Veterans returning from Iraq or Afghanistan also find a home in GWU’s program. “We give them a springboard to reinstate themselves in society,” Lemieux says.
Wehrheim says that most of her professors were also working professionals, still employed in defense, intelligence and security positions while teaching.
“They were realistic in what they asked of us and had really awesome experiences that they could apply to the classroom,” Wehrheim says.
“It’s fantastic to be able to tap into that wealth of experience,” says Lorenzo Falciani, 33, who graduated from GWU in January 2012 with a master’s degree in security and safety leadership. He’s now a security consultant for PricewaterhouseCoopers in New York City.
After 10 years consulting in aerospace defense in his native Italy, Falciani came to GWU to enhance his career.
Why here? “In D.C., the public agencies are a step ahead in security,” he says. “There’s a stronger need.”
American University professors take that real-world experience to another level.
During the final semester of American’s international affairs master’s program, students can participate in a capstone course led by professors who work in the field. The students’ mission (should they chose to accept it) is to combine forces to put together a report for a government agency or corporate entity.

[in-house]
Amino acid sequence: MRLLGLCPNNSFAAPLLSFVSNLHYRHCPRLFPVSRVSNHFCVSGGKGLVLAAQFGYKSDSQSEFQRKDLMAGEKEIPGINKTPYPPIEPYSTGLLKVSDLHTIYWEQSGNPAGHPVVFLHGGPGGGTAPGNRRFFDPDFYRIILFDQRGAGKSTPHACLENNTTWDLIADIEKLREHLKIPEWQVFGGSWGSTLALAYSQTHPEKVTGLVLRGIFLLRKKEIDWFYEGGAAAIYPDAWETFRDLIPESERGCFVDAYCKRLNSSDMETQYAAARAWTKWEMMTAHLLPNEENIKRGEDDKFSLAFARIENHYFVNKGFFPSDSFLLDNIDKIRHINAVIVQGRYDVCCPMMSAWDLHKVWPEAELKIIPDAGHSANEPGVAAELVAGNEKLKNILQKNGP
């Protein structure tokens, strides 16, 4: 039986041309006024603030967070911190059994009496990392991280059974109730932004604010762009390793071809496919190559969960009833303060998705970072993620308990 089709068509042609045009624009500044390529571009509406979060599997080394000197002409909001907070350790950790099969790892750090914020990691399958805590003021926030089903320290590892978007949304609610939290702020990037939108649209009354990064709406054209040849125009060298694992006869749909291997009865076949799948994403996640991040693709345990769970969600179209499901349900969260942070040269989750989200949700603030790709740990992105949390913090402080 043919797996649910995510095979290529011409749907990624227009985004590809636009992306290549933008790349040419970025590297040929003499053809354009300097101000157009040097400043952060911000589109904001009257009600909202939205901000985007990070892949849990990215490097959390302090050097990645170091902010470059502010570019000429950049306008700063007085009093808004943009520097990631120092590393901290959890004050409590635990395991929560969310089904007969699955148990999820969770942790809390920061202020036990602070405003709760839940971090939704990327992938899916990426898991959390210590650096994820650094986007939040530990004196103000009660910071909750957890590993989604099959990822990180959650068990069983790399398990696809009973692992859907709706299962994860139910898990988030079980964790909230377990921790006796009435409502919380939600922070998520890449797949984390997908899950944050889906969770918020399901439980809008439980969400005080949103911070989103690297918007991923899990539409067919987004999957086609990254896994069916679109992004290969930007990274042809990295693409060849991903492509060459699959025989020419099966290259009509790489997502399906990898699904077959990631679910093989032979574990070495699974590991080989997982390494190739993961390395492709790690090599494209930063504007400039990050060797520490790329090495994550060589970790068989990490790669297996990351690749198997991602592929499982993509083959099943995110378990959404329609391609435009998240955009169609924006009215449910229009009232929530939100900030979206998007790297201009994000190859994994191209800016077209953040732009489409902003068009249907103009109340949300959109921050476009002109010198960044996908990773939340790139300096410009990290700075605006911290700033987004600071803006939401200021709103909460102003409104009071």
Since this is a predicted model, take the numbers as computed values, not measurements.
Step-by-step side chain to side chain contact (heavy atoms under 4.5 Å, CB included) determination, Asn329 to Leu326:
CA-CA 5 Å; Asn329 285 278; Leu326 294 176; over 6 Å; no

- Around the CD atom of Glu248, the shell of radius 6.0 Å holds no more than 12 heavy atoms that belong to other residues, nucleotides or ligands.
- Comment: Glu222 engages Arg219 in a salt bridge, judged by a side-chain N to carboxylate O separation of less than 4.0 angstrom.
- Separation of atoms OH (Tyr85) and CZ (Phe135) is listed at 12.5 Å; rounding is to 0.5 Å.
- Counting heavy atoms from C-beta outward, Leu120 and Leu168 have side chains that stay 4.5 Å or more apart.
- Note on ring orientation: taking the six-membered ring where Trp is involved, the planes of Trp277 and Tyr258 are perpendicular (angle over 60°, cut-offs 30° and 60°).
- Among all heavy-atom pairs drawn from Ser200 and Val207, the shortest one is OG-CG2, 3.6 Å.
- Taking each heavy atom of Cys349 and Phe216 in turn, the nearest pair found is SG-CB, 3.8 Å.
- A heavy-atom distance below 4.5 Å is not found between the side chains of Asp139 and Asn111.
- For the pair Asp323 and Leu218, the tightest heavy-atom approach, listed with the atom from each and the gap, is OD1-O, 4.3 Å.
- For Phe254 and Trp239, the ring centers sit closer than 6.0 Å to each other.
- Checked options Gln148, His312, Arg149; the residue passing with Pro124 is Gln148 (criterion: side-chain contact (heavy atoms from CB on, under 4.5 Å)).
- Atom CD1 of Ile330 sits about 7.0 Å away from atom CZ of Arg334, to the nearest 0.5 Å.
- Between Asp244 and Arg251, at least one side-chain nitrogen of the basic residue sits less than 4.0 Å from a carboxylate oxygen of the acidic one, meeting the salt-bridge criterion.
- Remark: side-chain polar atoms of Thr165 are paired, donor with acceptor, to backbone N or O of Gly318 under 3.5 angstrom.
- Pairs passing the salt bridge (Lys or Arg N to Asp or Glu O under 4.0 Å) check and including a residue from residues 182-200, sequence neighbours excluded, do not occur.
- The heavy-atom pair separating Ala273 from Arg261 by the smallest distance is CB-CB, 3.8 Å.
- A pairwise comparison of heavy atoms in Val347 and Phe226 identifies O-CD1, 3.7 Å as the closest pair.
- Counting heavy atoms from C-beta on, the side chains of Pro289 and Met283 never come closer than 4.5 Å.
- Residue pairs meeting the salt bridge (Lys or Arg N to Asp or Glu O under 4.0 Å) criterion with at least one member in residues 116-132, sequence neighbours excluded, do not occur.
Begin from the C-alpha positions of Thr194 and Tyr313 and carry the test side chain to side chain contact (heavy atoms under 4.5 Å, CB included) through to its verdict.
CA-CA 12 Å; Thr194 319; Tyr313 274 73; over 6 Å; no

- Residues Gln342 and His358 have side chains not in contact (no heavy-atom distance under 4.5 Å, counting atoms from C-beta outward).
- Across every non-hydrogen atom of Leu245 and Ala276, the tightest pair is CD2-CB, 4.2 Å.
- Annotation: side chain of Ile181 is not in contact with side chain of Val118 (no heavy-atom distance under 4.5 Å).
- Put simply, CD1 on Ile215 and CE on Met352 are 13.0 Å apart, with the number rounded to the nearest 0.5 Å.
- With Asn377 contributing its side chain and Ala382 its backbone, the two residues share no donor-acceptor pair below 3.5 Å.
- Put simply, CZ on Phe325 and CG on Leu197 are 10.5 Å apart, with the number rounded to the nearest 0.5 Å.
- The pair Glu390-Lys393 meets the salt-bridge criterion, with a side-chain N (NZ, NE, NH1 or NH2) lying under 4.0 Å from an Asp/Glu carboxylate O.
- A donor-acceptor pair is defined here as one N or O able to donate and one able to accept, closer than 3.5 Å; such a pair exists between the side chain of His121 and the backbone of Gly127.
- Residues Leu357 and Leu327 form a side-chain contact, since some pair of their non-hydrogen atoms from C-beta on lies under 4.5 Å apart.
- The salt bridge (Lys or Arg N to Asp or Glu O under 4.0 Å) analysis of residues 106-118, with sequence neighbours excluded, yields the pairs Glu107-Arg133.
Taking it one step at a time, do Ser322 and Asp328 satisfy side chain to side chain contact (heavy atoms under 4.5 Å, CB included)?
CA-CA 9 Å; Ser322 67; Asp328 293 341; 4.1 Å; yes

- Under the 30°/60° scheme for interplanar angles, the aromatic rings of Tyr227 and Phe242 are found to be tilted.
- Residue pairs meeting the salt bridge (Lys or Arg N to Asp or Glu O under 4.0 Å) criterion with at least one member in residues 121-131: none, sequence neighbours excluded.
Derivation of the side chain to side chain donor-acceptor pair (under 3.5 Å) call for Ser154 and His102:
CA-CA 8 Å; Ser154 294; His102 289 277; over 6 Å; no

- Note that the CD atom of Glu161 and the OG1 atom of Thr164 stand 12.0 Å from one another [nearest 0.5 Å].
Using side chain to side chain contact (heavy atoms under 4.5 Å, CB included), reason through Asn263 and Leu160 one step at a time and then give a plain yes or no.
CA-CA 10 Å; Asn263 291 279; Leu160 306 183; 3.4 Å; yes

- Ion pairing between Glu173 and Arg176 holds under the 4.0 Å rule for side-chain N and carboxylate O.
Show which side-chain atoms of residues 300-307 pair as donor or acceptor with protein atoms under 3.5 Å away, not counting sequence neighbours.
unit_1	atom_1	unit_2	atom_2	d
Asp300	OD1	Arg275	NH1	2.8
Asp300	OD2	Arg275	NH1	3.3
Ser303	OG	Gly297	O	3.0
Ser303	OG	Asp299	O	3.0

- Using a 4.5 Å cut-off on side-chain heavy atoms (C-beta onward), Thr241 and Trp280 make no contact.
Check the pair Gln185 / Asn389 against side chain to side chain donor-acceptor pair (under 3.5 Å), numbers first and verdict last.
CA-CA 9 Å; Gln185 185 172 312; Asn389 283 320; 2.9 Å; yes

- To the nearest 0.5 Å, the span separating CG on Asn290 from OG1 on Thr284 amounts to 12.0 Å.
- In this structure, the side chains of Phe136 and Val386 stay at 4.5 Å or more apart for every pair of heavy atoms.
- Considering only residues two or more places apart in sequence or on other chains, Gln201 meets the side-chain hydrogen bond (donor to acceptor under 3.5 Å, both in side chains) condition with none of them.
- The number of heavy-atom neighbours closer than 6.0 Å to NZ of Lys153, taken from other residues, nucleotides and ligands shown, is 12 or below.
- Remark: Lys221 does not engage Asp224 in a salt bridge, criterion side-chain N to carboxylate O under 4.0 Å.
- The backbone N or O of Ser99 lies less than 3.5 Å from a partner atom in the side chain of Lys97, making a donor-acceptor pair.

This fall, 12 students sorted through “over 1,100 propaganda pieces from al-Qaeda to understand the different al-Qaeda affiliated organizations’ relation to al-Qaeda’s core,” says Professor David Martin-McCormick, who teaches intelligence and national-security courses at American University.
“They held their own with [Defense Intelligence Agency] experts on al-Qaeda” when they presented their findings, he says. They did so well, in fact, they have been asked to make a similar presentation to the CIA.
Martin-McCormick often draws on his 37 years of experience working in U.S. intelligence to create simulation exercises for his students. In a terrorism class, for example, he breaks the students into two teams: one team of terrorists to launch an attack on the U.S., and a team of government workers to try to figure it out and stop them.
While the terrorist team plans their attack, Martin-McCormick gives the government team mountains of intel to scour.
“The government has to come to grips with an enormous amount of information,” Martin-McCormick says.
In order to replicate the challenges real intelligence officers face, the professor gives the students “some wrong intel, some late, some inconsistent, some missing … and they have to sort through all of it.”
This year, the government team stopped the terrorists, and both teams learned firsthand that art does not imitate life.
“You can’t just draw off something like a Hollywood story and pull off a terrorist attack,” Martin-McCormick says.
So does that mean homeland security intelligence work isn’t an action-packed world of covert missions going down at “Zero Dark Thirty”?
“It’s a lot of reading,” AbuZeid Ruttig says.